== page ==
Born on the Fourth of July has some incredibly difficult scenes. It’s one thing to see death and violence of people who willingly go into battle, which is hard enough, but to see small children and even infants suffering needlessly it’s enough to send any mother - or human being really - into an emotional state. Then, when Ron gets back home and he has to watch as people scoff at his service, it’s too much to bear at times. Ron comes to terms with mountains of regret, pain and anguish of losing his ability to walk, and the most tragic thing is that he realizes he was wrong about the country he idolized so much. The war wasn’t cut and dry good guy/bad guys and the communist threat wasn’t as big of a deal as Americans were led to believe. Stone pulls out every sentimental device to draw empathy out of his viewers; he really succeeds in giving a glimpse of what the characters in the film are experiencing.
What’s even more intense about watching this film today is that the current state of war we’re in is nearly as controversial as the war that takes place in Born on the Fourth of July. The only difference is the sheer volume of American lives being lost now is no where near what it was in Vietnam. War is still war though and it still rips through everyone’s lives that come in contact with it. That’s part of the brilliance in this film that Oliver Stone didn’t fail to leave out: the little details like the parade in the beginning with veterans and the parade that Kovic sat through exemplify how during war and even at peace, the effects still linger deeply within the lives of those who have served and fought and those who lost their loved ones.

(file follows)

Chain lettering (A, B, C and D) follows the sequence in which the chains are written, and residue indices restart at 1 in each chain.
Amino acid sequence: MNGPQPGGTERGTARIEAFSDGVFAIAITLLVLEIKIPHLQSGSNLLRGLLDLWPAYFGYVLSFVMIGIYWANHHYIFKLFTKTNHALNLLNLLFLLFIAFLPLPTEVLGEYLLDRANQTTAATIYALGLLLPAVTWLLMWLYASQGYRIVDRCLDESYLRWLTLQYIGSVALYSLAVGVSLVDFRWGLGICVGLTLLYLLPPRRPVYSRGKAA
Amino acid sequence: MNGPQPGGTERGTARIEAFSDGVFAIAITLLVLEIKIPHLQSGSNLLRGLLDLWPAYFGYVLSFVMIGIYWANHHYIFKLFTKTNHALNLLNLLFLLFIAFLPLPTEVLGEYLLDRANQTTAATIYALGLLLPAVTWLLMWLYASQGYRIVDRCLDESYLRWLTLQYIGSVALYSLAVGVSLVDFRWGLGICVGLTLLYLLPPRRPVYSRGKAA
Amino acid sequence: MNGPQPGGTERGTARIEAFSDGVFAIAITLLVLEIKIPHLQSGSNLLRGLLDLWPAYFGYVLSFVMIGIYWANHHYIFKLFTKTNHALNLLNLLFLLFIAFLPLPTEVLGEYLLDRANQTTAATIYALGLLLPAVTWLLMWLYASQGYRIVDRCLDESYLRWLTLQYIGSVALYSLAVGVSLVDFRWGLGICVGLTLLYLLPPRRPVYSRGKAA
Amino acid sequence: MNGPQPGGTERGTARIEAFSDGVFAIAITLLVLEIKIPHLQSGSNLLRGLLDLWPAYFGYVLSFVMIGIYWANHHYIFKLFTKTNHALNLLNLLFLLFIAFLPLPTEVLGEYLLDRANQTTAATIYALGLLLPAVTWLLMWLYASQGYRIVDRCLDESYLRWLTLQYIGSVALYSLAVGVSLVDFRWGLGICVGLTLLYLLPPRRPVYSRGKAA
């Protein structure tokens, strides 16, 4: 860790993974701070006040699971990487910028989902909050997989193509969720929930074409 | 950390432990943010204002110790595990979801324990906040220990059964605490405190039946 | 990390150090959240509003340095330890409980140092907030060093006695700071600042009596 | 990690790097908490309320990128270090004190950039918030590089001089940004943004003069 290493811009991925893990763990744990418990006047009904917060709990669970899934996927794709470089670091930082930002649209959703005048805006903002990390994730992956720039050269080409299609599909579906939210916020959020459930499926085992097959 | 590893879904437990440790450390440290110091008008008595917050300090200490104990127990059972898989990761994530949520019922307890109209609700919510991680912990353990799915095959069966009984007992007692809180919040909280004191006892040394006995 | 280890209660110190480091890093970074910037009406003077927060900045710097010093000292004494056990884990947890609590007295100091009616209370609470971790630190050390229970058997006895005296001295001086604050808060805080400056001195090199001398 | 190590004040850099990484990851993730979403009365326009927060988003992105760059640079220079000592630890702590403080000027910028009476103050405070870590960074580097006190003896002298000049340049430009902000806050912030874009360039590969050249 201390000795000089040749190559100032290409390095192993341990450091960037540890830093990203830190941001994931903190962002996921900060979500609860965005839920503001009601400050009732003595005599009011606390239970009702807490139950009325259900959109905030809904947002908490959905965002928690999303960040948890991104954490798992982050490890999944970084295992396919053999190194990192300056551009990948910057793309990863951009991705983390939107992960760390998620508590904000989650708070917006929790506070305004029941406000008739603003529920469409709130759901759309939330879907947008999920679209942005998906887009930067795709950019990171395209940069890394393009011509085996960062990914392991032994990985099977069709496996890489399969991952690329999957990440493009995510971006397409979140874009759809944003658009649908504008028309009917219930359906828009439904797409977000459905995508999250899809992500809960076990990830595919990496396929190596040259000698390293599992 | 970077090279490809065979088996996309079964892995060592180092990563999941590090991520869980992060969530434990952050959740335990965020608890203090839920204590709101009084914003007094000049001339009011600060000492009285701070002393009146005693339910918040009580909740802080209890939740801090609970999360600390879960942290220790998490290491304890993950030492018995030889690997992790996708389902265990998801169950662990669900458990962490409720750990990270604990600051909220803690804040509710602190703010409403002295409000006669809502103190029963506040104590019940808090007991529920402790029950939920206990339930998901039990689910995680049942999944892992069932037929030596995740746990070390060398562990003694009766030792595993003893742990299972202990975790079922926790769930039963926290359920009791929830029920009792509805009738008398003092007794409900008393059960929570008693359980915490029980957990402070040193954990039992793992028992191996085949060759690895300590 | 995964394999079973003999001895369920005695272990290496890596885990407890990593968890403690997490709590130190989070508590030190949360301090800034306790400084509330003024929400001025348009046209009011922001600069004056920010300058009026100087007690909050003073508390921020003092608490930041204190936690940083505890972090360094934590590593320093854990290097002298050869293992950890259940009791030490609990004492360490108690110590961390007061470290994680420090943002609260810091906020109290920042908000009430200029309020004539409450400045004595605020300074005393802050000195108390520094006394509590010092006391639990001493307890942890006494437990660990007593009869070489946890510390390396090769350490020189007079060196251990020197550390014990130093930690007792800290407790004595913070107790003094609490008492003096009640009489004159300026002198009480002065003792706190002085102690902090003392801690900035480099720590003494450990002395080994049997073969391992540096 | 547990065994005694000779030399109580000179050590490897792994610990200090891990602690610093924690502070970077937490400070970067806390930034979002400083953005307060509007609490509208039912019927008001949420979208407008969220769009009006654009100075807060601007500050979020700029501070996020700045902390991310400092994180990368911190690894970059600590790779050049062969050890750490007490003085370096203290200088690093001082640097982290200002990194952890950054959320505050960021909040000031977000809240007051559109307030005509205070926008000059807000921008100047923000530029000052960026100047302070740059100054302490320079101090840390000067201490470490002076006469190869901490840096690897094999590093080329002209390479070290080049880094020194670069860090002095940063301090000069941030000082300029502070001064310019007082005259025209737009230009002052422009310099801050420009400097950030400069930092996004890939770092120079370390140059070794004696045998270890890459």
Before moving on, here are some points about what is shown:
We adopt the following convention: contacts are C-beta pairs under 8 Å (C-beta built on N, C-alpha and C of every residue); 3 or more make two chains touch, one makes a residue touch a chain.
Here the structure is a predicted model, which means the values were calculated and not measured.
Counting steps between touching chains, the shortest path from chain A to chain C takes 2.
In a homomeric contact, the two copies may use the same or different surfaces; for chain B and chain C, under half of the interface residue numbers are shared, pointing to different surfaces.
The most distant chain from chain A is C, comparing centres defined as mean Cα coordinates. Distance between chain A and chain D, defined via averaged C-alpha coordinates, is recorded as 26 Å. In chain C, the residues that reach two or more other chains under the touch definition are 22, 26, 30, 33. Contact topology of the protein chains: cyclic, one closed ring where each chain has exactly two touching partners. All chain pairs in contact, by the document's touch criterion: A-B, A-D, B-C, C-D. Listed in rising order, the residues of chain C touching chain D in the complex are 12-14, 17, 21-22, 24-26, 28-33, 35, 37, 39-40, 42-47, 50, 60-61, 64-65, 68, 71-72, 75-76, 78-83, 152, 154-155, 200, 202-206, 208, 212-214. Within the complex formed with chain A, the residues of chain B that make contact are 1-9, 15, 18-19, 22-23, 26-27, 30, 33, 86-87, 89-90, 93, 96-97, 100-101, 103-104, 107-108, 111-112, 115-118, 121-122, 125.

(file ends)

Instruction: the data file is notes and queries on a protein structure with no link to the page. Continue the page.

Speaking of Oliver Stone, this has to be the greatest movie he's ever made. If you don’t like the plot, you have to admit that every little detail is absolutely perfect as it often is with Stone films. The acting of each person on the set from the huge name stars like Tom Cruise to the extras at the bars in Mexico is flawless. This is one of those movies where you have an entire package deal where each element is pretty close to perfect from the casting, writing, directing, acting, music, cinematography, and what else is there? I can’t name a single thing that’s wrong with this film other than the really hard parts to watch, and those scenes are plentiful. There are very few films that can get me to cry and this is one of them.
If you haven’t seen this film, it’s probably one of the greatest depictions of how war affects people from a very personalized individual perspective. It shows how far America has come and shows how far we can still go too. The bottom line here is everyone should see Born on the Fourth of July at least once in their life. No matter how you feel about the politics, it’s a great example of quality film, and it’s a nice trip back in time to see Tom Cruise at his finest.